Airbnb is considered a godsend by many travelers. The (mostly) affordable alternative to staying in hotels and motels has become widely popular since it launched in 2008. The company, which is headquartered in San Francisco and estimated to be worth nearly 20 billion dollars, has risen to such heights by promising hosts and renters an intimate experience of sharing, learning, and togetherness, and by allowing hosts to earn money through renting available space in their homes. Much of the appeal for travelers hinges on the benefits of having a local host in a new or foreign place who can offer welcoming conversation and guidance on where to shop and eat, and how to get around–a chummier version of a hotel concierge.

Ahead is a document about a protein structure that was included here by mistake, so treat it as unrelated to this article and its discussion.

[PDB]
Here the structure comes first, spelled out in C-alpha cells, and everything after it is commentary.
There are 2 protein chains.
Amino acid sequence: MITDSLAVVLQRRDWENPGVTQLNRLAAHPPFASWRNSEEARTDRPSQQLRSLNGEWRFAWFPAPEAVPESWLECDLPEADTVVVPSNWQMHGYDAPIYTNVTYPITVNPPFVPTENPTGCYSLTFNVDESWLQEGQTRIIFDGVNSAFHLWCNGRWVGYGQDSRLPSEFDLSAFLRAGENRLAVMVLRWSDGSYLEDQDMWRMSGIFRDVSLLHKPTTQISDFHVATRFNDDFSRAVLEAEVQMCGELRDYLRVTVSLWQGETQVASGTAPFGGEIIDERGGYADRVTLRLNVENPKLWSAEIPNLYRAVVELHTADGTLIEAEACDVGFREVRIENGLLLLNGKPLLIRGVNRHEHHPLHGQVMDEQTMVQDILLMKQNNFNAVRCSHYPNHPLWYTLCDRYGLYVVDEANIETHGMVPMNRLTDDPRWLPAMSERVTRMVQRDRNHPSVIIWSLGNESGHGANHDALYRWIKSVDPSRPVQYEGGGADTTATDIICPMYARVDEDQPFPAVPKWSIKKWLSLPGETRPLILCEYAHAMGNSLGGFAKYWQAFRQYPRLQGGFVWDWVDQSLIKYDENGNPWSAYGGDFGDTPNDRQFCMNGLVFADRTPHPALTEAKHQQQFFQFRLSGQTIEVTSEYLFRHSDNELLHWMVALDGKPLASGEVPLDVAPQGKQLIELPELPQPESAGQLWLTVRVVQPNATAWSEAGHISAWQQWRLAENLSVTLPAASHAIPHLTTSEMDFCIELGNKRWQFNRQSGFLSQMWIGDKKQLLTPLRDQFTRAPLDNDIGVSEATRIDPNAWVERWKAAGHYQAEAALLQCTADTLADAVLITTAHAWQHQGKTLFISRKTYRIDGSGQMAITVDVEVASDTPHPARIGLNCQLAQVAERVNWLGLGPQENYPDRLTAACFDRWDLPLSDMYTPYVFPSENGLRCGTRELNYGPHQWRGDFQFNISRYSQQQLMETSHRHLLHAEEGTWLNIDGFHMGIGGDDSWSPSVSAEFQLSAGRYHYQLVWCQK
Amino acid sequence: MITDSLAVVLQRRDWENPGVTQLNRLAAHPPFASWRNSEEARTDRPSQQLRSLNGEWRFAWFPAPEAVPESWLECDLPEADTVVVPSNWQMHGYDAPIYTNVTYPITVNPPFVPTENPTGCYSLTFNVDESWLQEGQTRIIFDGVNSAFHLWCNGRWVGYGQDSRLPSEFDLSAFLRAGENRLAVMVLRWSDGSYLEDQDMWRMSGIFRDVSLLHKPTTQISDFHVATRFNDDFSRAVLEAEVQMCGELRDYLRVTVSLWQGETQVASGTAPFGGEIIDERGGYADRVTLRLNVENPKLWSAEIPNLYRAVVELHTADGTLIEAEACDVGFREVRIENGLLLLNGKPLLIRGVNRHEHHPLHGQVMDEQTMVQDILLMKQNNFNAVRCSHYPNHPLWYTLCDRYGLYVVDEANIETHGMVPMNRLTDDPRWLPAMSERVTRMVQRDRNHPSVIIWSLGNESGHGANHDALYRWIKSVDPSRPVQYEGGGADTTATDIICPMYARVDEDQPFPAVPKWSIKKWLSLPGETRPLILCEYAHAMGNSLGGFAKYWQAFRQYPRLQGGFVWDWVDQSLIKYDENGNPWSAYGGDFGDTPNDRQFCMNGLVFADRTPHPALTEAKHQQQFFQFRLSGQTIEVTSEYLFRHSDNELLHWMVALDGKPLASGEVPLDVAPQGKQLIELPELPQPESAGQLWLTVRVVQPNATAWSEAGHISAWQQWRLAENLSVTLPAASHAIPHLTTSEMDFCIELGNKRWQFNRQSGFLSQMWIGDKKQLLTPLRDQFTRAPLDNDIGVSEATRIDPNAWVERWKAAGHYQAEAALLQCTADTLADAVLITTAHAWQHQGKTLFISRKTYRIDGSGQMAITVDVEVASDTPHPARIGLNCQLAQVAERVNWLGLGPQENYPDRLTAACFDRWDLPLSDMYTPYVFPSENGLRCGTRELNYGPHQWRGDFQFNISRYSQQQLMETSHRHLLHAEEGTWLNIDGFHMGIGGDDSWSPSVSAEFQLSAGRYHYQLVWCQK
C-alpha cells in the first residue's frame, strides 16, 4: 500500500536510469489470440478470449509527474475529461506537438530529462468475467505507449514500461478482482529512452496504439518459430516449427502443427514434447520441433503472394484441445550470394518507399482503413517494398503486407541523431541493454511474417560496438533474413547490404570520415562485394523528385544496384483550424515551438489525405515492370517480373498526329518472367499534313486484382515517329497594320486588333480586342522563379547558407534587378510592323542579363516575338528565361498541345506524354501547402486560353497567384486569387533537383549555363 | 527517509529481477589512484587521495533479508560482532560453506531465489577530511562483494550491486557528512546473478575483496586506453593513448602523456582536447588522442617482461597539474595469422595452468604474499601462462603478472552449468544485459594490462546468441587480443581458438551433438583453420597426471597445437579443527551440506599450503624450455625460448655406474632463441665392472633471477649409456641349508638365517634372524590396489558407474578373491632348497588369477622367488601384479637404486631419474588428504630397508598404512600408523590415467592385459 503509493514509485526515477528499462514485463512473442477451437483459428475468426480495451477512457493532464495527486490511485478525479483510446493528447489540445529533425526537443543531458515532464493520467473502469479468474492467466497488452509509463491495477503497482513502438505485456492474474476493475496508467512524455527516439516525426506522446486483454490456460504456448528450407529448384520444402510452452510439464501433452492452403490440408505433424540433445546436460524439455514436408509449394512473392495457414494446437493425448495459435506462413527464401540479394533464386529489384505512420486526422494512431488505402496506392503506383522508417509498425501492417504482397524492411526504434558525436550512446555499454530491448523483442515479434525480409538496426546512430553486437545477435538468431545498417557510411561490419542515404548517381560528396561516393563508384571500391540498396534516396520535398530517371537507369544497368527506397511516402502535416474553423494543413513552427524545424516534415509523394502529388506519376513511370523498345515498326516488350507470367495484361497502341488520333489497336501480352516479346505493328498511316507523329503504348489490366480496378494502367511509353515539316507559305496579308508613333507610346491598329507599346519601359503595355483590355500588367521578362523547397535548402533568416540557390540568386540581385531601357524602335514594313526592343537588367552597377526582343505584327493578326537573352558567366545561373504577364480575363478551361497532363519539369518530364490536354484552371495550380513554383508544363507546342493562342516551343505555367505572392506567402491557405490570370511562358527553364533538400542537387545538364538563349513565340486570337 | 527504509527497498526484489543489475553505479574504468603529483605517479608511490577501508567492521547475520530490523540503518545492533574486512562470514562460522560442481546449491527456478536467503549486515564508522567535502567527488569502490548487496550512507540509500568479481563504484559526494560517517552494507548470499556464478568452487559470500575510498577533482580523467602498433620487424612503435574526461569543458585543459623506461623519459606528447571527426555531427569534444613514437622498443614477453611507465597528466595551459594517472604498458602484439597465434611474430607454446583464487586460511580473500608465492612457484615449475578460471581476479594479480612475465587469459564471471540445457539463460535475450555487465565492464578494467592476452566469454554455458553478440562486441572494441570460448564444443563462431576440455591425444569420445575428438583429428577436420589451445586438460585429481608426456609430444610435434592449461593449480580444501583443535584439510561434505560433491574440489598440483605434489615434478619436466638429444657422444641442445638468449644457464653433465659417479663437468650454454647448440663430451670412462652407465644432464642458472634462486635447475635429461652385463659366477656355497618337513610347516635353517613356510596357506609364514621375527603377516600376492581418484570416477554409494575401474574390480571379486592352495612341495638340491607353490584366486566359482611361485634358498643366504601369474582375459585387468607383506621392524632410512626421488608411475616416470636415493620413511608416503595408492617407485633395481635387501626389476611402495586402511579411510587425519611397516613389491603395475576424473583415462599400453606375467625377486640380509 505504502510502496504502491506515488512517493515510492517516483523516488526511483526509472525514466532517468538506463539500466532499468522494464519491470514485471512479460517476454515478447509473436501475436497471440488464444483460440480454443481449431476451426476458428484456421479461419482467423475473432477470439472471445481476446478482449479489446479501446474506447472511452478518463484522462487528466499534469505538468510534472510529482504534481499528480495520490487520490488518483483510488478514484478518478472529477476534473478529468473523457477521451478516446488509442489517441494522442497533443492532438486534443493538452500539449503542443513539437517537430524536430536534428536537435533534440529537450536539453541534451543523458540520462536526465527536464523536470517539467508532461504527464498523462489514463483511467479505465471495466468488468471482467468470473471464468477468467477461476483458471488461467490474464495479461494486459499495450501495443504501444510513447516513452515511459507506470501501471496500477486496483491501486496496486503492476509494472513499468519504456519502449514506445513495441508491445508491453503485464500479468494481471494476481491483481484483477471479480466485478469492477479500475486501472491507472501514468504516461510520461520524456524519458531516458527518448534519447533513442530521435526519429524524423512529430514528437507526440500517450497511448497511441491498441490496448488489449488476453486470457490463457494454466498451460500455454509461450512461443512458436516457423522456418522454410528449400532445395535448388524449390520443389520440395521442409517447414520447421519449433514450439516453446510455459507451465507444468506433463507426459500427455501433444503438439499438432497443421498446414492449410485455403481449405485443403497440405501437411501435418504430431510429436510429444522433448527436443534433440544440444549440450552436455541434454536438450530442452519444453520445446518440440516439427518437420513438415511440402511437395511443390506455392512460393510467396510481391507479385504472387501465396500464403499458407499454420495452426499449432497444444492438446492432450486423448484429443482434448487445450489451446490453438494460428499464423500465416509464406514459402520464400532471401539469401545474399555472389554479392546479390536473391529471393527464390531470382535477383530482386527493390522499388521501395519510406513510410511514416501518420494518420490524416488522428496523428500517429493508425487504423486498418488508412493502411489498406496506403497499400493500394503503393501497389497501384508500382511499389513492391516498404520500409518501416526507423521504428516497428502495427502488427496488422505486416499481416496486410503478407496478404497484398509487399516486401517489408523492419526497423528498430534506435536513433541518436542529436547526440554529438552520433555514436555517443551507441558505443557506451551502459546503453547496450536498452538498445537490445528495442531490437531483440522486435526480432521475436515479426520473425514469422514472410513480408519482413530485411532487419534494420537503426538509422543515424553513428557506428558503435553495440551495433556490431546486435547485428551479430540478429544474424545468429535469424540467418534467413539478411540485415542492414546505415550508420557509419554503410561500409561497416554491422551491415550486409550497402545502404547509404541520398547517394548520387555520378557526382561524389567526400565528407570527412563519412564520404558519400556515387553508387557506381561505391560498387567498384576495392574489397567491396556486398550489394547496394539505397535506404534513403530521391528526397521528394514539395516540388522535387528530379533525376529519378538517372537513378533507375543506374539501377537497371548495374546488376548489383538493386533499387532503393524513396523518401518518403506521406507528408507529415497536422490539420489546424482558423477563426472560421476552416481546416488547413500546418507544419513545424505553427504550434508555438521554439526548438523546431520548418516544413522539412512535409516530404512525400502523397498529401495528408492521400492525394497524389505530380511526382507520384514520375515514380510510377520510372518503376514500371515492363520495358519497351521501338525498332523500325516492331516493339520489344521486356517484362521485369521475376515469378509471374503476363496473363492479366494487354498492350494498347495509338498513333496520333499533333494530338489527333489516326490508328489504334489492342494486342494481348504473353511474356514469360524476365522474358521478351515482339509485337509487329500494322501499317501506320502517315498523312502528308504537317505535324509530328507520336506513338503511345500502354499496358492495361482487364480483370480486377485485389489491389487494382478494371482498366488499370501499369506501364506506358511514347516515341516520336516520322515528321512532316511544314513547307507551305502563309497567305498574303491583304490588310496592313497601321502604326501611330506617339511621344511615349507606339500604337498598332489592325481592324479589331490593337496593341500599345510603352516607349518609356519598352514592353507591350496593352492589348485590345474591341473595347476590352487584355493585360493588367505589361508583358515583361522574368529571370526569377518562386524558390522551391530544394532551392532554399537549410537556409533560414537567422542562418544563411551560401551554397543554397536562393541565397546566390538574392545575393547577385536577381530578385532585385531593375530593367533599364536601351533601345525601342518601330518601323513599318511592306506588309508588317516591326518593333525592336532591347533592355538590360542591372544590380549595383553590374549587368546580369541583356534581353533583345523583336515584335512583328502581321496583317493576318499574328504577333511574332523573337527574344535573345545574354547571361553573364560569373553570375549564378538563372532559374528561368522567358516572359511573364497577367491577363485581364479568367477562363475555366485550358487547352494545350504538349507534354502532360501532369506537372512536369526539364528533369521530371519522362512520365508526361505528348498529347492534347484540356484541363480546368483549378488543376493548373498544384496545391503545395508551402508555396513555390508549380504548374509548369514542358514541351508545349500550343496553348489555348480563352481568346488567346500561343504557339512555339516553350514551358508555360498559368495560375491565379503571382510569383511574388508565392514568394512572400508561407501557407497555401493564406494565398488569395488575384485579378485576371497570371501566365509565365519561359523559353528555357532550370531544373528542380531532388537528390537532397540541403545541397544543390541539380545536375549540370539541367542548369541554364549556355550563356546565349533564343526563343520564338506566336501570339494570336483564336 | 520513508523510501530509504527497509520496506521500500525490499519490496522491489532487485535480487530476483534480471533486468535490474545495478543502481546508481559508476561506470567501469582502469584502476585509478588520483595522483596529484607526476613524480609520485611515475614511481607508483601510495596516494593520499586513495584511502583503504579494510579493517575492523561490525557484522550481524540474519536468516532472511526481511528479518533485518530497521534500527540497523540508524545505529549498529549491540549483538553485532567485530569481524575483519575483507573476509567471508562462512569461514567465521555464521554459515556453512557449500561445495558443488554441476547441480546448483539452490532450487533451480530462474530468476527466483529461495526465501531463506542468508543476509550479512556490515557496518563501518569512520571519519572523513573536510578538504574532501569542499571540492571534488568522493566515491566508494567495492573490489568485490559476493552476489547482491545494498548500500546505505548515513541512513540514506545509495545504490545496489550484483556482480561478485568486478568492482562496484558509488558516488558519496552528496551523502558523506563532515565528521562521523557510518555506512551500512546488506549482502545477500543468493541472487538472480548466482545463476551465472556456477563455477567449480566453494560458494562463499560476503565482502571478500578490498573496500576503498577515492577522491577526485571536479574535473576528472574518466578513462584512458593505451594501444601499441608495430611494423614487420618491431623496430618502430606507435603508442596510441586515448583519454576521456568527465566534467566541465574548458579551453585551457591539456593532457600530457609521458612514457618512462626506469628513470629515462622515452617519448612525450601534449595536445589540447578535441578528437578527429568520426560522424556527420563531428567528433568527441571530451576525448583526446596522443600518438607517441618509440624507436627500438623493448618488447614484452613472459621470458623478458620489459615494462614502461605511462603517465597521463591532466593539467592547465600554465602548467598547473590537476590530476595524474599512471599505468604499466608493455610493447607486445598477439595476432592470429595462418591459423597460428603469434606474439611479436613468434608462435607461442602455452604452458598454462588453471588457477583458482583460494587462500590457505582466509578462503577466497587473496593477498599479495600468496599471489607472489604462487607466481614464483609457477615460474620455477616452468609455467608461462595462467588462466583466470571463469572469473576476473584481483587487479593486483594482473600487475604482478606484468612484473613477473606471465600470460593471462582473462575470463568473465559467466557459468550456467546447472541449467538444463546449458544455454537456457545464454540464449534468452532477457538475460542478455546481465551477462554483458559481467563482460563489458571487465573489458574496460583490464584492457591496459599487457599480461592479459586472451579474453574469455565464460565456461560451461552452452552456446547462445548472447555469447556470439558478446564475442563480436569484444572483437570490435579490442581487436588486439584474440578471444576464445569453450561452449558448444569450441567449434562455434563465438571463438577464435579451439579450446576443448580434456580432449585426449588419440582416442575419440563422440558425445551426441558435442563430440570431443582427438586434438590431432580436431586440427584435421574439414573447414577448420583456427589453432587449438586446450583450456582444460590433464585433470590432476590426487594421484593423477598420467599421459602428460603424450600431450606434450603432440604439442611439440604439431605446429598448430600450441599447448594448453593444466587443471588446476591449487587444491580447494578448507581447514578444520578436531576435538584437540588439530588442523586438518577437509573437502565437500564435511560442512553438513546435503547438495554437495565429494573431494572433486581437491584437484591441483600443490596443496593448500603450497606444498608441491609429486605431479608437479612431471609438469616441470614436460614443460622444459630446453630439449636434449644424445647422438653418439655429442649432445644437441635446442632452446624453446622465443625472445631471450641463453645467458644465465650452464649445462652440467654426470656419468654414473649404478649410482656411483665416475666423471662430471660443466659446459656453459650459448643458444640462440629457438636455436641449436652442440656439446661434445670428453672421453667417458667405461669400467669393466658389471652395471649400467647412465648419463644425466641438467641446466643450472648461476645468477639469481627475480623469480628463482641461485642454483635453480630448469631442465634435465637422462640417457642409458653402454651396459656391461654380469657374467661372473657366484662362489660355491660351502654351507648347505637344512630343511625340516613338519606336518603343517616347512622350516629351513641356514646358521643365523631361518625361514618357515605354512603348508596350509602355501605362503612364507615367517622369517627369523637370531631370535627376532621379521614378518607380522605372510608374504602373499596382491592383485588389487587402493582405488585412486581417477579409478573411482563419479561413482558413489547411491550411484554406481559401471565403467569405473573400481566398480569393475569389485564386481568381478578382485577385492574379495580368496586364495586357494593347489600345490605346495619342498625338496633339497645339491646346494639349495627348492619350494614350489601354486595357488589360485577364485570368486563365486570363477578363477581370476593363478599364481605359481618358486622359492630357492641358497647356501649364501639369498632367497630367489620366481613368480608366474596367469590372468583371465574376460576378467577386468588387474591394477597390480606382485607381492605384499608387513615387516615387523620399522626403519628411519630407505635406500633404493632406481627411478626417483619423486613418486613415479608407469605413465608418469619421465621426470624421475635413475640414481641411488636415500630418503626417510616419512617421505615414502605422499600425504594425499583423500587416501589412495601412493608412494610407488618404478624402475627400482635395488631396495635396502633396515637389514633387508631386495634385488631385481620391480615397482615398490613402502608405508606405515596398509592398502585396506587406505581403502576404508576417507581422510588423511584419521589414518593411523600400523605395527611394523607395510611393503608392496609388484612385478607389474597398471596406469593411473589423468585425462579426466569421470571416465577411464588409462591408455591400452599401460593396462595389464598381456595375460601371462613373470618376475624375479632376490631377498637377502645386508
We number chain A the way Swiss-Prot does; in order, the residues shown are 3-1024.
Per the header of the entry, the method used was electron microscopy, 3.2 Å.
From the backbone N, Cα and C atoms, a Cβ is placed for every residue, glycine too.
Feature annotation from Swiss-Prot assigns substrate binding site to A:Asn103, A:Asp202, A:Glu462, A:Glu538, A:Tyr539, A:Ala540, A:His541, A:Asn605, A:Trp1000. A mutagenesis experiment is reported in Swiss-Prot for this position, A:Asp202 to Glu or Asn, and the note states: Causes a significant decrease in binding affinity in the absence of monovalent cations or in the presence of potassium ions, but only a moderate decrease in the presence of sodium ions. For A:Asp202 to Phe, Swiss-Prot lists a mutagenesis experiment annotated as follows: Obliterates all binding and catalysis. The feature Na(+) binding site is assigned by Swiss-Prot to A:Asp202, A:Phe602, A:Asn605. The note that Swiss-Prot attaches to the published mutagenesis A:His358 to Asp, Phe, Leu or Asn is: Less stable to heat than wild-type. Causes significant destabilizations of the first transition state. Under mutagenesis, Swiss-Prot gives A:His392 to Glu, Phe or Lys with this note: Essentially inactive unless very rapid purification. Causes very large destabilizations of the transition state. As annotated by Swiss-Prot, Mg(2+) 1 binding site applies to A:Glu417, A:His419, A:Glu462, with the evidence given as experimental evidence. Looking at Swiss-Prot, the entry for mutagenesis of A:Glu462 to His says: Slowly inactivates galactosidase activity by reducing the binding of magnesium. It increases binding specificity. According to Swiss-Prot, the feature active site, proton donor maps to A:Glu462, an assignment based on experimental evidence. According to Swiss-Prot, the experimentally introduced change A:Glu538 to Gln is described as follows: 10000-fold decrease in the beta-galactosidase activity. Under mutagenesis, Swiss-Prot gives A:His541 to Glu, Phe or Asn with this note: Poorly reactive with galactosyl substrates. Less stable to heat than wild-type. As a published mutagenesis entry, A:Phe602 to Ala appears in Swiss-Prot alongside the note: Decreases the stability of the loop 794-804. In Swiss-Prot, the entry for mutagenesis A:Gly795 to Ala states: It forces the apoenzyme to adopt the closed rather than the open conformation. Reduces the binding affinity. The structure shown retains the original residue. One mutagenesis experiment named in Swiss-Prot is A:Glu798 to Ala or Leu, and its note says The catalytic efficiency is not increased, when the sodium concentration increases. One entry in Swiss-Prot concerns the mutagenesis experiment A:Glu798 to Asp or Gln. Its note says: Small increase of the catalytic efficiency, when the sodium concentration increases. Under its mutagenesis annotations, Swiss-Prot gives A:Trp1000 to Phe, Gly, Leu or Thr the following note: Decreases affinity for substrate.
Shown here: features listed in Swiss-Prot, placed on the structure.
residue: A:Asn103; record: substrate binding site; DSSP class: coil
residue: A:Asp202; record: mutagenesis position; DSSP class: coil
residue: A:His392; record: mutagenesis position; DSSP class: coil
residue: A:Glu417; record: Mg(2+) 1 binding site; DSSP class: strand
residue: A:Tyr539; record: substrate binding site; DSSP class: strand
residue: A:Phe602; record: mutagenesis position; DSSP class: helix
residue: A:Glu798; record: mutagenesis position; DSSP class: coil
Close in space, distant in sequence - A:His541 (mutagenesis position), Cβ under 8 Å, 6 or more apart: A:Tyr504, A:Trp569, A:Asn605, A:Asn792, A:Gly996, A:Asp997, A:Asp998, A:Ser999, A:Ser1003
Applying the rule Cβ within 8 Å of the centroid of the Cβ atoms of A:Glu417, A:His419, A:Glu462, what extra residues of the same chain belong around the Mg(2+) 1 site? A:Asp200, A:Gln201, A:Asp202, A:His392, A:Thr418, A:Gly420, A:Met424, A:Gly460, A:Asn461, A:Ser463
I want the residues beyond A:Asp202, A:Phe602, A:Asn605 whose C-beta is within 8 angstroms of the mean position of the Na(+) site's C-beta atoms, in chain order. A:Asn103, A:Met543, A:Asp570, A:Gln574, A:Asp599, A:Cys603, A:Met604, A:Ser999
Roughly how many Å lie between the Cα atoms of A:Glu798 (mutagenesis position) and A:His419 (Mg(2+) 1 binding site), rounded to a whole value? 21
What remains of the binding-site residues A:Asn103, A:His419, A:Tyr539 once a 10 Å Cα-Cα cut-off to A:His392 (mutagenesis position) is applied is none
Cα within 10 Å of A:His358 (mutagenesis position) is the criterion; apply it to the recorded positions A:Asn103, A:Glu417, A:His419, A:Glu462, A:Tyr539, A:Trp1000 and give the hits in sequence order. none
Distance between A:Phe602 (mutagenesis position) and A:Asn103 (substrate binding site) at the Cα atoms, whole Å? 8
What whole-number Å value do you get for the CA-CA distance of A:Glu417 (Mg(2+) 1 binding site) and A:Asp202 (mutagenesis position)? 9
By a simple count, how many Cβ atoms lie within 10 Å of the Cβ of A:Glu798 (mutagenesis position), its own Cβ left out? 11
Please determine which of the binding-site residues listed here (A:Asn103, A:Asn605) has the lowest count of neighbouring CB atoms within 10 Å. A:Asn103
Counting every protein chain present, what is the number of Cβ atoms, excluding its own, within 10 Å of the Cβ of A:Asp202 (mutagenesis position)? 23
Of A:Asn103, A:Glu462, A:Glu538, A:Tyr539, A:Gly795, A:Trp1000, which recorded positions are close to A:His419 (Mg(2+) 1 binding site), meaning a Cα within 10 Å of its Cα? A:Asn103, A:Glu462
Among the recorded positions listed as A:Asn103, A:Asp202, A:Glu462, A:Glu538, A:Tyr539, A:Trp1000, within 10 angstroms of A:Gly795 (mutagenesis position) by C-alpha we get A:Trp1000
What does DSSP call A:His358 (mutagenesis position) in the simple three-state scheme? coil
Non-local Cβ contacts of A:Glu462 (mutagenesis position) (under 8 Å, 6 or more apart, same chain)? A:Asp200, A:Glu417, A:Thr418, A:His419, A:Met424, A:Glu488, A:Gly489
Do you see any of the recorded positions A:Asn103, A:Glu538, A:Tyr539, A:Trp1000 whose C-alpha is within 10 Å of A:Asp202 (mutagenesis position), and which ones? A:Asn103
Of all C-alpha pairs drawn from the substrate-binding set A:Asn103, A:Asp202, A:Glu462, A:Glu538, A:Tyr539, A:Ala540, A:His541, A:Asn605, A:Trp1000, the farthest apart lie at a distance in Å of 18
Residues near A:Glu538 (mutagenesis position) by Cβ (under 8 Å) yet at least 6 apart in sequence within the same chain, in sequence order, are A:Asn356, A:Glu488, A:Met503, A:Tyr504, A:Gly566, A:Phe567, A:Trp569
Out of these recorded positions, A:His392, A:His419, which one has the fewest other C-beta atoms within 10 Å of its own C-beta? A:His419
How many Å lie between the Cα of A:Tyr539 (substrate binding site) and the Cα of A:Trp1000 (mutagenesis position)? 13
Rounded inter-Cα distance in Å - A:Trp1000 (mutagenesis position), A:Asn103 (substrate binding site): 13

This sociologist has enjoyed staying in the homes of others via Airbnb in several countries and states across the U.S., and has found it to be an unbeatable way to travel in terms of social and economic value. But data compiled by Murray Cox, a self-described “digital storyteller” and community activist, disrupts the pleasant veneer that makes Airbnb so appealing to many.